Chaim Sharir and Irit Sheleg are superb as Shira’s parents who become concerned for the fate of their grandson while wondering if Shira should take on the role that Esther was supposed to play. Yiftach Klein is excellent as Yochay Goldberg as Shira’s brother-in-law who grieves over the loss of his wife while trying to figure out what to do next for himself and his newborn son. Finally, there’s Hadas Yaron in a radiant performance as Shira Mendelman as a young 18-year old woman who finds herself in the middle of a family drama as she deals with the role that she might have to play as well as the decisions she has to make to ensure the future of her newborn nephew and the family dynamics.
Fill the Void is a marvelous film from Rama Burshtein. Armed with a great cast led by Hadas Yaron, it’s a film that is very touching and engaging for the way it explores a family and community trying to deal with death and a family’s future. Especially in a world such as a traditional Jewish community where there’s certain rules and expectations as a young woman is caught in this very intense world. In the end, Fill the Void is a rapturous and mesmerizing film from Rama Burshtein.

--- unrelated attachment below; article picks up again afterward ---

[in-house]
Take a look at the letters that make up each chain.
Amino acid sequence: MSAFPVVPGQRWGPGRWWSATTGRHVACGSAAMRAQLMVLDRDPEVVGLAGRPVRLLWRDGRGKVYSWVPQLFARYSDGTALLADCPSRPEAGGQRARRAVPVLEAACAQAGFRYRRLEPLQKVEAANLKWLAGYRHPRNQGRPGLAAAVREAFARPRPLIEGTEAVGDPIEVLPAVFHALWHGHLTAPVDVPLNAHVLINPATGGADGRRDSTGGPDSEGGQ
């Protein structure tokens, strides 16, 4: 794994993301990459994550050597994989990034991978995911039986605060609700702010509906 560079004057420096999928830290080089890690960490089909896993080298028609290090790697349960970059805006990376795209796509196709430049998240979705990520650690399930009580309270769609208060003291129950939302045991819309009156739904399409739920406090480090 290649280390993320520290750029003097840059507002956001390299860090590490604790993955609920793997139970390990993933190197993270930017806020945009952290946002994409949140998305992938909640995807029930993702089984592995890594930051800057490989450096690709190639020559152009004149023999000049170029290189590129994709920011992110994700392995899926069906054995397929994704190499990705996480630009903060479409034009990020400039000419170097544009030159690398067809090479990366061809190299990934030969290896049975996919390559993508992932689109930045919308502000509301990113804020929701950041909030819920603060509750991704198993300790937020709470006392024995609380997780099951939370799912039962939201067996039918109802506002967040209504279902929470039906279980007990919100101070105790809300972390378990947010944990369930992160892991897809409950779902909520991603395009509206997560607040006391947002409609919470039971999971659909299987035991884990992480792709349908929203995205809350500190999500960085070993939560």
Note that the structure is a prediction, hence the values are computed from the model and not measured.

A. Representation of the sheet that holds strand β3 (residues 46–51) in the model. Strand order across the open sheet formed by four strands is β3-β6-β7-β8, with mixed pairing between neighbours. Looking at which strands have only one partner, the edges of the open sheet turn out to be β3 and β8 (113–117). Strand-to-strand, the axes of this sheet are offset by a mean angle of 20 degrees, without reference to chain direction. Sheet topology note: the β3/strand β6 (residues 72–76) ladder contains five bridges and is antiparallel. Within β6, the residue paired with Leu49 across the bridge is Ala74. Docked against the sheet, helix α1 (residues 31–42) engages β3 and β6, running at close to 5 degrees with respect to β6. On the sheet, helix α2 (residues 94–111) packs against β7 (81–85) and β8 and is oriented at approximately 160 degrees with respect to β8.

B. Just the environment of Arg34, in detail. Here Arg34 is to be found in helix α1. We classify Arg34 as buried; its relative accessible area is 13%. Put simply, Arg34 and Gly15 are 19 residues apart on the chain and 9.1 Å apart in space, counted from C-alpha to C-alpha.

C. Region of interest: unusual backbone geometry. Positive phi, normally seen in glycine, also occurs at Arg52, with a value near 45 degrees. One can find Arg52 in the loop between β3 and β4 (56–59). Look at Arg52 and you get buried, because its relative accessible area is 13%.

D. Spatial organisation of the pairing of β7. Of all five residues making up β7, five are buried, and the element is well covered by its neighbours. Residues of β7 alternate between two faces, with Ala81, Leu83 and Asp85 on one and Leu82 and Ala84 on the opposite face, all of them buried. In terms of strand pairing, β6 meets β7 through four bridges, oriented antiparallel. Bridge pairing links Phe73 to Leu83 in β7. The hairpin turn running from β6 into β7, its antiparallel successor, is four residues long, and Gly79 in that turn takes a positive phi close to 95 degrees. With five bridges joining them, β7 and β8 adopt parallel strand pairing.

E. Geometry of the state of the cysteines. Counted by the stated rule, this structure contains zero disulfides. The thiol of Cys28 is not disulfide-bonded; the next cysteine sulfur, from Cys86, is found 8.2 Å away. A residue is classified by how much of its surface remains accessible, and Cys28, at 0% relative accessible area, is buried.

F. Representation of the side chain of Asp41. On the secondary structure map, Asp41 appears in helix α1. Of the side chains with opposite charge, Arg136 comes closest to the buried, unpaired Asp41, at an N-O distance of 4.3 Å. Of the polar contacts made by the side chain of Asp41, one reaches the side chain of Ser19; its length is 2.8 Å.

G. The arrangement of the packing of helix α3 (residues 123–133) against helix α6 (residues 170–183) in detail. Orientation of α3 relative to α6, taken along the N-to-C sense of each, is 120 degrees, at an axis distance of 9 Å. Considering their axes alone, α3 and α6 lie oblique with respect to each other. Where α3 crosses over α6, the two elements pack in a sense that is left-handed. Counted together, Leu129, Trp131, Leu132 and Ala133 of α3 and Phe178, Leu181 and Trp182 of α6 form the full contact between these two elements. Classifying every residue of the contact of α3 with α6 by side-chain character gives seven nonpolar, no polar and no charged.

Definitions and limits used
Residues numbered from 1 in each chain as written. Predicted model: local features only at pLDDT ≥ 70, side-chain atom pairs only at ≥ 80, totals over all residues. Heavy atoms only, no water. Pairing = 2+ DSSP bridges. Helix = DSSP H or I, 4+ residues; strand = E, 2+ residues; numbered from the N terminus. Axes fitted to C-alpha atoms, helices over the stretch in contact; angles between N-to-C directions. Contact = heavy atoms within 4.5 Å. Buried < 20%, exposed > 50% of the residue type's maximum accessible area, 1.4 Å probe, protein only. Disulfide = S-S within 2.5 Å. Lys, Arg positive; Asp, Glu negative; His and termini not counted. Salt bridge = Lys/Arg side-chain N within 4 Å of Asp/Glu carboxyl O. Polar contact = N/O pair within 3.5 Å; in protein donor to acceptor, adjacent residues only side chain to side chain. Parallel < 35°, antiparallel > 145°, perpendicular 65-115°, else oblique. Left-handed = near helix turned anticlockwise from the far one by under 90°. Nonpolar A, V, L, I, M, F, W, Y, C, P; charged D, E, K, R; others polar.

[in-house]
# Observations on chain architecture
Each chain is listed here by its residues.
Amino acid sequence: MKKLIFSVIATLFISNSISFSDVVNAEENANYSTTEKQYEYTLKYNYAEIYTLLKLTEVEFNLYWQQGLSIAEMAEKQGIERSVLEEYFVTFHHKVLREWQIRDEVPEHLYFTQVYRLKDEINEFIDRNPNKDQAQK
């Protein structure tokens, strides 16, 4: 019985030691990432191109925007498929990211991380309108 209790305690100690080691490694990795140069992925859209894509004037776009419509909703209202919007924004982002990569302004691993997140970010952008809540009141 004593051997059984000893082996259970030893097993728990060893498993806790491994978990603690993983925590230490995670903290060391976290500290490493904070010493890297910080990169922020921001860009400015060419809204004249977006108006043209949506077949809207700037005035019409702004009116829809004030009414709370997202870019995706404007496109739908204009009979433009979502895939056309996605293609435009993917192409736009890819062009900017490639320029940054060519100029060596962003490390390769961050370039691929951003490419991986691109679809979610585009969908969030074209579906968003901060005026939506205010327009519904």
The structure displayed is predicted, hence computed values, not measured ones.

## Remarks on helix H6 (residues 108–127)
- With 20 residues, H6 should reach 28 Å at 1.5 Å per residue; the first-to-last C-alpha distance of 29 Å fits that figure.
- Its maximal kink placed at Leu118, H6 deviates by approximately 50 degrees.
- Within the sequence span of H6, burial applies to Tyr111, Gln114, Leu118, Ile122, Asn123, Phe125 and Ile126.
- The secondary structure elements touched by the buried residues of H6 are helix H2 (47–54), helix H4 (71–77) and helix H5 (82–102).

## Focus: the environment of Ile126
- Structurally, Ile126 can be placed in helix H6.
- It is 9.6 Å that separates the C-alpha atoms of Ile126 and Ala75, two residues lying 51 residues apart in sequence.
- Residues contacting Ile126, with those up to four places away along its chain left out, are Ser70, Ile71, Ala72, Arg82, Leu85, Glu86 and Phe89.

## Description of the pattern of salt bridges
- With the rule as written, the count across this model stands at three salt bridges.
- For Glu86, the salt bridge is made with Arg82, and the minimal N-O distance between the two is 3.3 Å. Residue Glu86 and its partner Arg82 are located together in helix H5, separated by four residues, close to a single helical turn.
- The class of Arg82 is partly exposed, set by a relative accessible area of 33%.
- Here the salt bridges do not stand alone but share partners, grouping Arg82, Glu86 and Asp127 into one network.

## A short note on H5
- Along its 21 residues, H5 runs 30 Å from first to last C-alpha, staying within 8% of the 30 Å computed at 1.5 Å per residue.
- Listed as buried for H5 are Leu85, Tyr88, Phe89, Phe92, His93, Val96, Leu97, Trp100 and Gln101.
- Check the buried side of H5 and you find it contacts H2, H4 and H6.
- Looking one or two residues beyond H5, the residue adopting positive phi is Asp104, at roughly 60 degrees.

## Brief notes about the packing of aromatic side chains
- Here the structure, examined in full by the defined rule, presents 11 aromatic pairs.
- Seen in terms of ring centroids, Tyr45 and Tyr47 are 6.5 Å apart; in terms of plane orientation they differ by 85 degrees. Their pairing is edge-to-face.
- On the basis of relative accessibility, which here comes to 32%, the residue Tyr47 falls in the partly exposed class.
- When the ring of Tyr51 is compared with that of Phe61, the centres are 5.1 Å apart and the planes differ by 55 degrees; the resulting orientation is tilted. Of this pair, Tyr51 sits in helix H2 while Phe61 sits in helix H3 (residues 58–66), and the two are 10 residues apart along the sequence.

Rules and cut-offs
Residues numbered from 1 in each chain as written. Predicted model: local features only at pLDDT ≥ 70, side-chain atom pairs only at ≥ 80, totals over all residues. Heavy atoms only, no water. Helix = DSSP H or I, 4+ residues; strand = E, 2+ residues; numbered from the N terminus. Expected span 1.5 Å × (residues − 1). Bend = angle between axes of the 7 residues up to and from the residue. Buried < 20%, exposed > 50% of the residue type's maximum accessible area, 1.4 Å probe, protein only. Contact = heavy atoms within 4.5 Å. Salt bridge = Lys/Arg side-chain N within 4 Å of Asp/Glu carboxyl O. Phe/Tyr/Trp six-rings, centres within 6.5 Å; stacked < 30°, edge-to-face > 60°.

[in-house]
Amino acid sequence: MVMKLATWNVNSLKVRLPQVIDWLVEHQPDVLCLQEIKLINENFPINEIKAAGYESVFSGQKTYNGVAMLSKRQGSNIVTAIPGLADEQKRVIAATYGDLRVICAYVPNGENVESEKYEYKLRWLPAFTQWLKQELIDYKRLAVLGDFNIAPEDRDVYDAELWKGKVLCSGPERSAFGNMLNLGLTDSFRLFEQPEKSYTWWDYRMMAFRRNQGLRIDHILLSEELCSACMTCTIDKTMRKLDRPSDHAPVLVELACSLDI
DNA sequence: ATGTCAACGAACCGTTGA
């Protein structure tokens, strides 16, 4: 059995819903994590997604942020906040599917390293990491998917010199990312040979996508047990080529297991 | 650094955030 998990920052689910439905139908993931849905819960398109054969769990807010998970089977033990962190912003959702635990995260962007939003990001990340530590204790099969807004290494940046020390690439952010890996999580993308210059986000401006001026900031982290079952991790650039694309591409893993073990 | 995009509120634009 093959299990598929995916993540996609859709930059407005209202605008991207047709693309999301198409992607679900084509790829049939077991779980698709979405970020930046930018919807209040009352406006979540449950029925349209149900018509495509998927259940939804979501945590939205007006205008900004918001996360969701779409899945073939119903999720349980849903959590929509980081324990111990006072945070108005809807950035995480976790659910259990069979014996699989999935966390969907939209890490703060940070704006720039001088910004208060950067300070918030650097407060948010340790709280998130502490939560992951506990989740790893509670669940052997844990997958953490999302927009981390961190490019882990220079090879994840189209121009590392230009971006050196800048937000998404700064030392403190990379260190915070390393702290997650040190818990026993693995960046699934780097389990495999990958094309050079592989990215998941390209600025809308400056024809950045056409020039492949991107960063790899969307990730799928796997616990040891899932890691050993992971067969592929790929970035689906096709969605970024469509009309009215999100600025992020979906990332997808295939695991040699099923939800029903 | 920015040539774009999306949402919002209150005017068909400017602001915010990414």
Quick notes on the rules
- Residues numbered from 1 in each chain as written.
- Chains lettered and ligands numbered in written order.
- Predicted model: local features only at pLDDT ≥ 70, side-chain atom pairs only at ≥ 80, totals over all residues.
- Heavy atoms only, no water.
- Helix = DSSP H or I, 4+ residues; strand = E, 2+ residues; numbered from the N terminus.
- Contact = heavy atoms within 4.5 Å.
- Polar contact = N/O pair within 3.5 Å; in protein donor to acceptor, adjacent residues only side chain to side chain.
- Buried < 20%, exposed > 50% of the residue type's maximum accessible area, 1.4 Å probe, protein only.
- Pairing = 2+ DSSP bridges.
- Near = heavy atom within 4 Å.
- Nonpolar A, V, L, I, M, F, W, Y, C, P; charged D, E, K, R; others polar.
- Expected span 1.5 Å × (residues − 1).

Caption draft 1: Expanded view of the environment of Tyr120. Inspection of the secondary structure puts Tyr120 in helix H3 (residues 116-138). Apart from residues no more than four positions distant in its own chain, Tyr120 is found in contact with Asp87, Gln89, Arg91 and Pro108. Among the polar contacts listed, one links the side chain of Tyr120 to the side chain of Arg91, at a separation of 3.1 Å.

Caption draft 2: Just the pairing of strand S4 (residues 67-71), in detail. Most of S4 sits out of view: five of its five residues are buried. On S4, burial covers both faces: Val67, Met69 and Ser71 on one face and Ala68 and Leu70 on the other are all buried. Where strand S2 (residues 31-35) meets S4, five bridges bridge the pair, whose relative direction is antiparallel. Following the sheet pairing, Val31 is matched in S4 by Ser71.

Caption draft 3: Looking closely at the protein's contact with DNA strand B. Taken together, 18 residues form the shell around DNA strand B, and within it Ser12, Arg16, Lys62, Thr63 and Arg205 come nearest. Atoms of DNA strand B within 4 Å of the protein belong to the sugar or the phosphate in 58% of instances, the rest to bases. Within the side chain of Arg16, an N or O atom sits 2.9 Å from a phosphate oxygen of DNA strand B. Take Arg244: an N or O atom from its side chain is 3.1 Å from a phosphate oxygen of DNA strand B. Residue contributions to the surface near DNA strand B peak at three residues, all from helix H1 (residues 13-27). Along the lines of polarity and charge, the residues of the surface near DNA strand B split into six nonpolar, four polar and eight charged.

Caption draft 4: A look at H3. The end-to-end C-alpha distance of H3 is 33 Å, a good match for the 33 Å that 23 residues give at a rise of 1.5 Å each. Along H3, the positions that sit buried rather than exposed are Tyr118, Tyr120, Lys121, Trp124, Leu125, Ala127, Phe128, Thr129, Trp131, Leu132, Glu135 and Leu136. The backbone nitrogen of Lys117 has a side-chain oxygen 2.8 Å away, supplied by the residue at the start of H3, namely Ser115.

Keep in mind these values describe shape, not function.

© thevoid99 2014
Tuesday, March 04, 2014
Originally Written and Posted at Epinions.com on 11/2/08 w/ Additional Edits & Revisions.
Directed by Clint Eastwood and written by J. Michael Straczynski, Changeling is the story of a woman in late 1920s Los Angeles whose son is kidnapped only for the police to claim they found her son as the boy turns out not to be her son. Based on a true story, the film is about a woman whose search for her kidnapped child leads her to team with a pastor to fight against the corruption of the LAPD amid accusations that she's unfit while one detective makes a grim discovery about what might've happened to the boy. Starring Angelina Jolie, Jeffrey Donovan, Jason Butler Harner, Michael Kelly, Geoff Pierson, Colm Feore, Amy Ryan, and John Malkovich. Changeling is a harrowing yet powerful drama from Clint Eastwood and company.